SOC Chapter 8: "Scientific Interlude"

In this chapter, a central theme of the whole series is starting to raise its eye out of the ooze. I had been thinking through the biological and cellular link to magic for some time before the plot began to precipitate out.

Another theme that intersects with the first is on display here as well, at least in an initial foggy hinted form. One of the main reasons for having a group of characters running around, some even aligned with each other, is to have their goals conflict and collide, producing trouble of a scale that none of them would have anticipated. If they could have anticipated this, they would have been appalled - but then the only place that plots often seem to run on rails is in works of fiction. In a way, the cast of protagonists in The Dance of Gods are designed to be fully qualified to address the challenges they face ... but even people who are super-competent and well grounded, with an accurately jaundiced view of their world and the best of motives, can still screw up. Or can find that events are bigger than their ability to control them.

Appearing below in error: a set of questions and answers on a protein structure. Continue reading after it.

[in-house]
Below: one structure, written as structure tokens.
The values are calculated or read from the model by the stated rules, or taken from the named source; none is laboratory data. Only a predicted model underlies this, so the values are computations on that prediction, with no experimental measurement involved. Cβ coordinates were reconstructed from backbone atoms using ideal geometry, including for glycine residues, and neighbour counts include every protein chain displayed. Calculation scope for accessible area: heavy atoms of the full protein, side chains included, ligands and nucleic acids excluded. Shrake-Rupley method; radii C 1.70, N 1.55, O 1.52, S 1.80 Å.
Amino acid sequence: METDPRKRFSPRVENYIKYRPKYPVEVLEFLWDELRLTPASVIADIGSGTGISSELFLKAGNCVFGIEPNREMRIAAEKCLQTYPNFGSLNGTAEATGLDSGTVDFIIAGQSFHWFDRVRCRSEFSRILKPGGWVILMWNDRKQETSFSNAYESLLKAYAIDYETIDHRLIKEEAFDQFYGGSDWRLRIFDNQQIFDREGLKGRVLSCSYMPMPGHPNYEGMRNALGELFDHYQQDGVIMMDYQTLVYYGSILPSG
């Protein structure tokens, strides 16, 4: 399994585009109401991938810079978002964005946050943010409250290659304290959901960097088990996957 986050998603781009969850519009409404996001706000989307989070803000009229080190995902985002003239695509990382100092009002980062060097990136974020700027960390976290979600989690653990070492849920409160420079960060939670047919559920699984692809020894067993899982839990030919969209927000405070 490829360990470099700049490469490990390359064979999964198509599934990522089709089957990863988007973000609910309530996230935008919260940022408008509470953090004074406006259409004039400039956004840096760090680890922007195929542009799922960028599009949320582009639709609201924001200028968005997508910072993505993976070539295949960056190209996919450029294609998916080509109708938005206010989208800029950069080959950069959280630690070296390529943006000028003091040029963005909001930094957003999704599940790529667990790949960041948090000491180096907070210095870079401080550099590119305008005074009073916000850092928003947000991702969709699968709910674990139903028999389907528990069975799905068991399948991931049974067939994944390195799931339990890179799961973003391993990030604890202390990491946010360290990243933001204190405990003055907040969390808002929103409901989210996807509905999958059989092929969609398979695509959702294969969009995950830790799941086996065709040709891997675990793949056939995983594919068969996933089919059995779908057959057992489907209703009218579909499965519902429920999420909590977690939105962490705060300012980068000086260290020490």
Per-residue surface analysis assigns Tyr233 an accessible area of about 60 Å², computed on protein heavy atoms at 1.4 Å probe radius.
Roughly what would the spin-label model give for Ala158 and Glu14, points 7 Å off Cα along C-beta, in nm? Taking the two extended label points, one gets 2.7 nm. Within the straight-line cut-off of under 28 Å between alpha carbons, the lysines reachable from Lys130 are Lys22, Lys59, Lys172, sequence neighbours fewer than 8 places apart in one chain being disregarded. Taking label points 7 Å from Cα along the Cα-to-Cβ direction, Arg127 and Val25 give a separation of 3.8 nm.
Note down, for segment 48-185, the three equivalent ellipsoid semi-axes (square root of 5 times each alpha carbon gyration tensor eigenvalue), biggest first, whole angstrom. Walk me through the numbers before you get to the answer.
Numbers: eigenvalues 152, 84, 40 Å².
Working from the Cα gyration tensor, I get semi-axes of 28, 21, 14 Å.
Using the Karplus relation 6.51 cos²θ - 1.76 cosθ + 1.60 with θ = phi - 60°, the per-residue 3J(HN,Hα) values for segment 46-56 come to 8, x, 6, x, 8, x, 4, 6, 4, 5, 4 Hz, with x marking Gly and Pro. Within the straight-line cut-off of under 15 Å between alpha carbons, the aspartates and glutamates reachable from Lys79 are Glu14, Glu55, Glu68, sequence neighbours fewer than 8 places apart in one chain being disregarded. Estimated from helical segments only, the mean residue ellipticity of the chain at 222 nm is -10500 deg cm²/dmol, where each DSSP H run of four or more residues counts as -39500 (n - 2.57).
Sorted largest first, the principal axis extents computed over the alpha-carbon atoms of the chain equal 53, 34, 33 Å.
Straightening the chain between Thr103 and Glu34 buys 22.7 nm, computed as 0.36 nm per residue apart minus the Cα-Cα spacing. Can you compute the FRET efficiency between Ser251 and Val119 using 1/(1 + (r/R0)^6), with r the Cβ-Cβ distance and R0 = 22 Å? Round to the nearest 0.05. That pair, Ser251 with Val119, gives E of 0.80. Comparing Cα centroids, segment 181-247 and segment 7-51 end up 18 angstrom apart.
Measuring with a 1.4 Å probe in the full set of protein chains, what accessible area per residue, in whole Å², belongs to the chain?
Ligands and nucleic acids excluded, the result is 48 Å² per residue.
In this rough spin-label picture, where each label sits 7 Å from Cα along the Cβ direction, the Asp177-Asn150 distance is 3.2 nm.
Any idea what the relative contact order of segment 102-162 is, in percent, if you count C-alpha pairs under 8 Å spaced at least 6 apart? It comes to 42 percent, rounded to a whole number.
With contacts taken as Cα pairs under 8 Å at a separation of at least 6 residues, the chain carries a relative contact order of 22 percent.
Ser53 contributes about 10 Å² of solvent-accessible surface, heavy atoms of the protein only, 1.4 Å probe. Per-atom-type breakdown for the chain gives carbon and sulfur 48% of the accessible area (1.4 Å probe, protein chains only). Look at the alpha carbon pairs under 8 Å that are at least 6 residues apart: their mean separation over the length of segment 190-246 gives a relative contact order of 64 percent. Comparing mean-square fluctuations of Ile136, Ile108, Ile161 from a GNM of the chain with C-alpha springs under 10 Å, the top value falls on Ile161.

To talk again about a literary progenitor who expresses a good illustration of what I'm thinking of here - and of whom I am typically in awe - how about Richard Stark/Donald E. Westlake's Parker? The traditional structure of a Parker spends the first third lining up a heist, the second third throws monkey wrenches into the neat plot, and the wrap-up has Parker steamrolling his way through the chaos to achieve his objective (which has often changed in the course of events, although he rarely give up trying to walk away with his money). Or take Parker's less brutal, less driven, and less competent cousin-in-print, Dortmunder, to whom things also go drastically wrong, but in a more absurd manner. Dortmunder's attitude is fatalistically droll, in contrast to Parker's one-track-mind Terminator approach, which ultimately makes Dortmunder more of an ideological soul mate to the denizens of the Catastrophe world.

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